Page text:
I was aware that the story had been wholesale lifted from an anime before going in, which certainly didn’t endear me to it, and then found it to be at the height of songs for no reason and amusing sidekicks and all the other Disney formulae that the story itself was largely irrelevant and the whole thing was the start of the mockery of all the serious (though child friendly) work that the Disney company had done up until that point. The Lion King was the beginning of the end for Disney animated films.
You actually sat through the whole review? Ye gods and little fishes. I’ve made it about 3 minutes in, or about 1/3 of the way through the first of three parts of this review–I can’t imagine sitting through half an hour of this guy. In the time he spends describing what happens in the movie, I could already watch a big chunk of the damn thing.
The only point he’s made up to the point I quit listening is that Simba is an awful, negative, unworthy character because “little kid Simba” has the temerity to act like a little kid. But that, to me, is an integral part of the narrative–if Simba hadn’t been acting in the thoughtless, impulsive, self-centered way of a small child, the whole thing with Scar killing his father wouldn’t have happened, or at least not in a way that Simba would have blamed himself for it. If he weren’t a little kid with a little kid’s reasoning and analytical faculties, he would have stayed and trusted that everyone would understand that it was merely a tragic accident rather than running away from home because everybody was going to be mad at him and nobody would like him anymore. And then you wouldn’t have had a story.
I saw it twice in the theater as a kid. It’s still one of the few movies I’ve seen more than once while it was still playing, but I haven’t seen it in over ten years so I don’t know how well it’s stood up.
Gotta agree–I listened to the first 3 minutes of part 2, and he’s essentially blaming Simba for…acting like a kid. None of his observations are very interesting or well-articulated, and his “arguments” (really just assumptions he doesn’t bother to defend) don’t really stand up very well. He also uses the term “gratuitous” for one of the songs (showing he completely misses the point of musicals in general). In the Comments section, this guy does a pretty good job of taking him down.
I’m no lover of TLK (not even close to my Top 10 of Disney animated features), but if you’re going to criticize it, it helps if you’ve actually been paying attention to the film and not let your own obvious prejudices color every scene.
It’s been a while since I’ve seen it, but I seem to recall it being too short. In particular, I thought they could have expanded a lot more on Simba growing up, rather than just literally crossing a bridge and being an adult.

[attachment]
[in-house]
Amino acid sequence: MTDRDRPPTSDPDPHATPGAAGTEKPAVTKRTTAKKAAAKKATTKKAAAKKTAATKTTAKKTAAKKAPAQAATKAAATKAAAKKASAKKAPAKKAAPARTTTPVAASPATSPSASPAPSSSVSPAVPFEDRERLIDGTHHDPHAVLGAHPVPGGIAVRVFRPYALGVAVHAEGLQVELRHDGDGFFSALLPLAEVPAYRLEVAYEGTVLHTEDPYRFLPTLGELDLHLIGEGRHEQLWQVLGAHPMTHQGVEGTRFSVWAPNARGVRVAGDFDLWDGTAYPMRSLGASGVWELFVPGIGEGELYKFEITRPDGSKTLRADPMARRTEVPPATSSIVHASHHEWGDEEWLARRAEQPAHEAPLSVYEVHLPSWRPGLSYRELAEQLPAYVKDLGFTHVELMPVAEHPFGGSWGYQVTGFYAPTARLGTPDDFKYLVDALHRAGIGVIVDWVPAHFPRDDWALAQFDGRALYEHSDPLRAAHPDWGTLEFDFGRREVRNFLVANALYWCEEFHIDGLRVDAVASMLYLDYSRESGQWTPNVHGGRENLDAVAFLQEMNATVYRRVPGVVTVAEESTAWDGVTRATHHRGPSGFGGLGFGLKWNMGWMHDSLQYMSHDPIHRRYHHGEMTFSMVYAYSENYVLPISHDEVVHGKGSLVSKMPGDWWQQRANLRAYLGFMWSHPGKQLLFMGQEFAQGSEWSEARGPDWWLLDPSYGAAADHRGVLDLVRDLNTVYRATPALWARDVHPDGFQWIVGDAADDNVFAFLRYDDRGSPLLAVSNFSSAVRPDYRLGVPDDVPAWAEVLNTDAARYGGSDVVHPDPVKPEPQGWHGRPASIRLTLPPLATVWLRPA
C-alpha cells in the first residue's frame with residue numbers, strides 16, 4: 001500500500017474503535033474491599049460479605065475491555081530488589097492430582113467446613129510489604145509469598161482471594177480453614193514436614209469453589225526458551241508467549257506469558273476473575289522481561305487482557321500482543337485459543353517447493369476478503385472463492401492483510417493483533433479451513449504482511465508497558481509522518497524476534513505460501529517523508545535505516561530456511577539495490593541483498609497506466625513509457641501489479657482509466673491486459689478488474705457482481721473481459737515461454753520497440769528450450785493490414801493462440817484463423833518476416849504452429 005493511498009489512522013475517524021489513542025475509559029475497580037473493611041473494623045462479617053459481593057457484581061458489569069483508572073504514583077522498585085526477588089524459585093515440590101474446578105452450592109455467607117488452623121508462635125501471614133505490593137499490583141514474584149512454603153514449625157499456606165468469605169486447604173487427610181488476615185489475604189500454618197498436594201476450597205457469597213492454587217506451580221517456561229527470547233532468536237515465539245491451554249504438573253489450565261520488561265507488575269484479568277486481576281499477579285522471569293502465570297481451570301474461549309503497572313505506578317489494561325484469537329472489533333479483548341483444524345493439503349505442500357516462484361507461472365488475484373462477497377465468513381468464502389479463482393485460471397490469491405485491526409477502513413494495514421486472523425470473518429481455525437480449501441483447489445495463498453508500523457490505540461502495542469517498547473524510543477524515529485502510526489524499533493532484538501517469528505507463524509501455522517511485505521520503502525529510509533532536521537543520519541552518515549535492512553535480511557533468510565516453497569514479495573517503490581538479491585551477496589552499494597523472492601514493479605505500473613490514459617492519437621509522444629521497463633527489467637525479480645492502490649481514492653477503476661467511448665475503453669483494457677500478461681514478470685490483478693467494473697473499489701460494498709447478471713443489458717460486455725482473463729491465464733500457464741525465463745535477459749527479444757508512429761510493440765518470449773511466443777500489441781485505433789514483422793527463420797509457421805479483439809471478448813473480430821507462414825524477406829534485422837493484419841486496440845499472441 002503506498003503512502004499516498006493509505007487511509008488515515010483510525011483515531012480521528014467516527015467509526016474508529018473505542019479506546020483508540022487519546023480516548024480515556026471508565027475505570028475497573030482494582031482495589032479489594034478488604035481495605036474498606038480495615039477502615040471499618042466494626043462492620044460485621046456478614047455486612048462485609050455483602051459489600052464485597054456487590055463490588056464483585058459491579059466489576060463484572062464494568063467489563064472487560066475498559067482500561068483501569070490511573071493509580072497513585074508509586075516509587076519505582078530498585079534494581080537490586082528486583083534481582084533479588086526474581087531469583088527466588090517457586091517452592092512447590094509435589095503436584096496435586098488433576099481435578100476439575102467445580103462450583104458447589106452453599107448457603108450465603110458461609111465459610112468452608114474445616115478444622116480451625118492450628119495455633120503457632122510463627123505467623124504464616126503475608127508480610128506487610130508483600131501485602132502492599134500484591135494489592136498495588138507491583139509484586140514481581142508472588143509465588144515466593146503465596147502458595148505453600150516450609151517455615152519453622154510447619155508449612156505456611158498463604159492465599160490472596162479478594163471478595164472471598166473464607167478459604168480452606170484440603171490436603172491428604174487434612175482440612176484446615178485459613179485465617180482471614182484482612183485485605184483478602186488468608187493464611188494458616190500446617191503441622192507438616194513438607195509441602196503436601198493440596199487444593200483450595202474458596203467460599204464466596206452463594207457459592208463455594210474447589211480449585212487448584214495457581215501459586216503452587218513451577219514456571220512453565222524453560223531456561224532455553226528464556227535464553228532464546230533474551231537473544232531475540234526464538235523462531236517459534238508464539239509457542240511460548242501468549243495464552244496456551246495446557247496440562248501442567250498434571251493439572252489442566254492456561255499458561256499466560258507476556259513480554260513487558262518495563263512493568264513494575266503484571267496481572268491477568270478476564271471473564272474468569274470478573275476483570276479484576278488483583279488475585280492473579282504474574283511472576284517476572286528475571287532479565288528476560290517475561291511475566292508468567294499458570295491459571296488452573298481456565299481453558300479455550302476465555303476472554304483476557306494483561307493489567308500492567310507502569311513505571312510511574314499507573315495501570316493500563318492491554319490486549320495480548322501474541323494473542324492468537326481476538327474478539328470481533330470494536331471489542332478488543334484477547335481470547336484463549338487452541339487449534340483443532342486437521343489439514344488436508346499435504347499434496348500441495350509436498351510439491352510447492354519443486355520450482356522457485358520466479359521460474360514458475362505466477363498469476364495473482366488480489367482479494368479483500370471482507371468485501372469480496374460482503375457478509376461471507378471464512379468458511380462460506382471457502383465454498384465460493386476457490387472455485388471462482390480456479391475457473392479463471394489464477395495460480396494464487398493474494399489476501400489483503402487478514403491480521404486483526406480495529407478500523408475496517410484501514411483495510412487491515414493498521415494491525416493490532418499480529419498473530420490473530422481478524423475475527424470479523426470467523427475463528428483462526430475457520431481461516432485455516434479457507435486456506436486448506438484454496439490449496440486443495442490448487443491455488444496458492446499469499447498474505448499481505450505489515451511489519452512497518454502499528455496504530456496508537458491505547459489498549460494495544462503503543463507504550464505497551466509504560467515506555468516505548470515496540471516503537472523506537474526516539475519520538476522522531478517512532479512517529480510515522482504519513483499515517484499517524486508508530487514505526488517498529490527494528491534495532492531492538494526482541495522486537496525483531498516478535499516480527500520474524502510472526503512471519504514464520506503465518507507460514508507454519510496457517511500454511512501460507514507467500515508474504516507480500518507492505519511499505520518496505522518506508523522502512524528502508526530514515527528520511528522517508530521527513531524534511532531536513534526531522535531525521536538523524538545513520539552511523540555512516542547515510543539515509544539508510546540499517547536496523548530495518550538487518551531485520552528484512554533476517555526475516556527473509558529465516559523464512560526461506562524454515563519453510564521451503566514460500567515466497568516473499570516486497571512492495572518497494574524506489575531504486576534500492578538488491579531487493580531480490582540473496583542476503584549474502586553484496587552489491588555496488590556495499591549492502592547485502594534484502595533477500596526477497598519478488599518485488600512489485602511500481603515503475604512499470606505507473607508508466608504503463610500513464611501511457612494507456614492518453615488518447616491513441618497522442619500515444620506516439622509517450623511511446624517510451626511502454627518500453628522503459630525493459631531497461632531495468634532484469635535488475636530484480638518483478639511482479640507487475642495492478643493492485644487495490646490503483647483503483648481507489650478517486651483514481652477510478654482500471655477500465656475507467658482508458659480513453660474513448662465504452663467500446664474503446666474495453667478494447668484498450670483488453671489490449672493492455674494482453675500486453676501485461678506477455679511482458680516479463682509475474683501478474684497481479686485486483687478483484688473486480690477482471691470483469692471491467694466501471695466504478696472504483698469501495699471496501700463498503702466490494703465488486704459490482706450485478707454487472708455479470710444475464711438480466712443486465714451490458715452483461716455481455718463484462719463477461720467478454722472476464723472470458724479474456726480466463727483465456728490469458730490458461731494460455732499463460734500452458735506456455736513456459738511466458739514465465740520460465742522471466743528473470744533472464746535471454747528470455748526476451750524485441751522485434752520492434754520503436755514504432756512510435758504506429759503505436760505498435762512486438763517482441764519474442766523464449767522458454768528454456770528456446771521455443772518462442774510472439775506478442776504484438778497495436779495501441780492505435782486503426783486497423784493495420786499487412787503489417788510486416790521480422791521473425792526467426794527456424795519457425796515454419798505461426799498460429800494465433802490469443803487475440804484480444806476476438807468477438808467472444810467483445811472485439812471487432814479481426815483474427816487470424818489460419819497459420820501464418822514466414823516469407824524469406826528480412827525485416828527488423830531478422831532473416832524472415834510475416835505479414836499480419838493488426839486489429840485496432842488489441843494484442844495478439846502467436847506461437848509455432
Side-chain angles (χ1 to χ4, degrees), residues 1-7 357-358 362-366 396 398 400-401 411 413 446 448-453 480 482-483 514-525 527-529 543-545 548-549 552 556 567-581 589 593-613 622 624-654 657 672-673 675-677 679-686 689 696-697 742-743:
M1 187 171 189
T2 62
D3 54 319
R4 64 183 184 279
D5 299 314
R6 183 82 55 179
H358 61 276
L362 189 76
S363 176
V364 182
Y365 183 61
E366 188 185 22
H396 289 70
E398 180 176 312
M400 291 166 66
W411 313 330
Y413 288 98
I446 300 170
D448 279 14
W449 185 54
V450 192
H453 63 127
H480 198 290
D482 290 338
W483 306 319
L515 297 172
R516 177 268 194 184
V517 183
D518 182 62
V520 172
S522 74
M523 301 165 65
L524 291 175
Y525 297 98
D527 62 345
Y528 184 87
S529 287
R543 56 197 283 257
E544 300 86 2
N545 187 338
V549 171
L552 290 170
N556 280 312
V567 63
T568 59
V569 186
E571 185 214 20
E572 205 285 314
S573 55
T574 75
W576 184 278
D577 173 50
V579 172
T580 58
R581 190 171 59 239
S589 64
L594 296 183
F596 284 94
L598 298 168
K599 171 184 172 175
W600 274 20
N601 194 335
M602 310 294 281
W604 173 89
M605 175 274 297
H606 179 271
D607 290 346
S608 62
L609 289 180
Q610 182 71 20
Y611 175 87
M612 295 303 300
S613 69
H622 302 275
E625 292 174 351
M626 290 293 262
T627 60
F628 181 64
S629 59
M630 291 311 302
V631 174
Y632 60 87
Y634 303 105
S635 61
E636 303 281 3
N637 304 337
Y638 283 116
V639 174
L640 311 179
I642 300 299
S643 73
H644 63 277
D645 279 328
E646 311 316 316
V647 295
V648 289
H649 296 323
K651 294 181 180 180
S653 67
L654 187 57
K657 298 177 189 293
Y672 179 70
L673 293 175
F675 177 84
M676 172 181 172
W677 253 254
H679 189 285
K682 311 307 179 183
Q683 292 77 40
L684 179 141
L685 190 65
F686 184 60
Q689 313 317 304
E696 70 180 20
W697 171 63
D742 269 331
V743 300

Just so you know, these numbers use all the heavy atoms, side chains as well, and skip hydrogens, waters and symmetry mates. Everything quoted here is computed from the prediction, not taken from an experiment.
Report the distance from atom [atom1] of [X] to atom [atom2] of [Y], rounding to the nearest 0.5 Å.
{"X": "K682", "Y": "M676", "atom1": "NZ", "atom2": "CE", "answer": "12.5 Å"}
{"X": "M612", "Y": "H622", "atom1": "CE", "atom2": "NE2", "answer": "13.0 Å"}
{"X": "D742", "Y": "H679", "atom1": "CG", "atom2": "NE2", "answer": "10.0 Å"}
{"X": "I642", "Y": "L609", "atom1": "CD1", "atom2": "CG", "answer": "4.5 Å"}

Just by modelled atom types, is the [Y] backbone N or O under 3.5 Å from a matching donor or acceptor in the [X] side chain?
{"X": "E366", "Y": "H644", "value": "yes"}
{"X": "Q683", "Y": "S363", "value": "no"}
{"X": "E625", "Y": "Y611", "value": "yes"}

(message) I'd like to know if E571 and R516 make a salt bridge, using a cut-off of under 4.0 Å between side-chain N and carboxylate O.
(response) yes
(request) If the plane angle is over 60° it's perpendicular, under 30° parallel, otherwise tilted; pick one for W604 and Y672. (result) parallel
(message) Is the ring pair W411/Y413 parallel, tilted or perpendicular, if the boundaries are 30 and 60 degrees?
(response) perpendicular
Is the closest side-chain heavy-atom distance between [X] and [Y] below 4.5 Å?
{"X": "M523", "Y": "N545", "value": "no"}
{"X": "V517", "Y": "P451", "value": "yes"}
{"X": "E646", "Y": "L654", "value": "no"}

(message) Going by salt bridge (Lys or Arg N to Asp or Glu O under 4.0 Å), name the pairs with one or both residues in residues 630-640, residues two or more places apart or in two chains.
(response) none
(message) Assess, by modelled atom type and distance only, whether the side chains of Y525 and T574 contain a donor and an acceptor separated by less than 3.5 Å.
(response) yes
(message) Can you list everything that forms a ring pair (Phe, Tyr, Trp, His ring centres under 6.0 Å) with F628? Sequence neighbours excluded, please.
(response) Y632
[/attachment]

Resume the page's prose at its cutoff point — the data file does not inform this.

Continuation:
The poll should have included a fine tune between “pretty bad” and “well done.” “Meh,” perhaps.
I went with Pretty Bad, but that’s overstating things. Still, the songs didn’t move me, the Kings of the Savannah notion was silly, the fart jokes unwelcome, the “Simba feels responsible” plot line unconvincing, the mysticism… the insectivore Simba… the meh.
“But don’t we eat the antelope?”
“Yes, but when we die, our bodies fertilize the grass that feeds the antelope…”
Or something like that. I think the lions get the better of that particular “circle.”
For it’s ability to make my kids catatonic for the better part of an hour at a time, it was a fantastic movie. Why anyone older than 10 feels the need to watch it, or worse yet, sit down and write a review, I have no idea.
I think I might have a T-shirt around here somewhere that features a picture of Kimba walking past a Disneyesque mirror that is reflecting an image of Simba. It says ‘The Lyin’ King’. I think there’s also a caption that says something like ‘Mirror, Mirror, on the wall, Who came first, after all?’
I would like to mention that I was 6 when The Lion King came out, which influenced my poll answer.
This guy seems to not know many little kids; if I was in Simba’s position and equivalent age, I would feel like Mufasa’s death was my fault, especially with another adult telling me it was so. I knew exactly how Simba felt when that happened, only my thing was that I got my brother hurt, not killed: I petted a calf that was being weighed on the tailgate on my aunt’s truck while my big brother and I sat in the bed. I told my brother to feel how soft the calf was, and then the momma cow noticed him, and knocked my brother so hard he ended up against the back window of the truck. I thought it was my fault for years even though adults told me it wasn’t- and that the cow in question was the meanest nastiest cow we owned and was only kept around because she had fantastic calves.
The grudge against Hakuna Matata is reasonable. Ditto the “walk across the bridge and boom he’s a grown-up!”
He overreacts about Rafiki “just showing up.” Rafiki presented the infant Simba to the world; just because he doesn’t have lines in the first act doesn’t mean he wasn’t there. Rafiki was obviously the court magician or shaman who was banished by Scar.
Yeah, blaming Simba for wanting his dad to wake up and show him the sunset is kind of like saying that because Liz was annoying and woke up at 6 am as a kid that she’s a shitty monarch. You can be a bad king/queen for a lot of reasons, but c’mon. Kids wake up at the ass crack of dawn and then because they’re little they wake their parents up. It may be irritating, but it’s hardly a character flaw.
One of Disney’s weaker efforts in the post-Little Mermaid era. It was a real disappointment after The Little Mermaid, Beauty and the Beast, and Aladdin, but pales behind Pocahontas, Hunchback, Hercules and Mulan. Too simplistic a plot with uninteresting characters and no real humor at all. Scar is one of Disney’s least interesting villains, and only the stampede scene is visually interesting.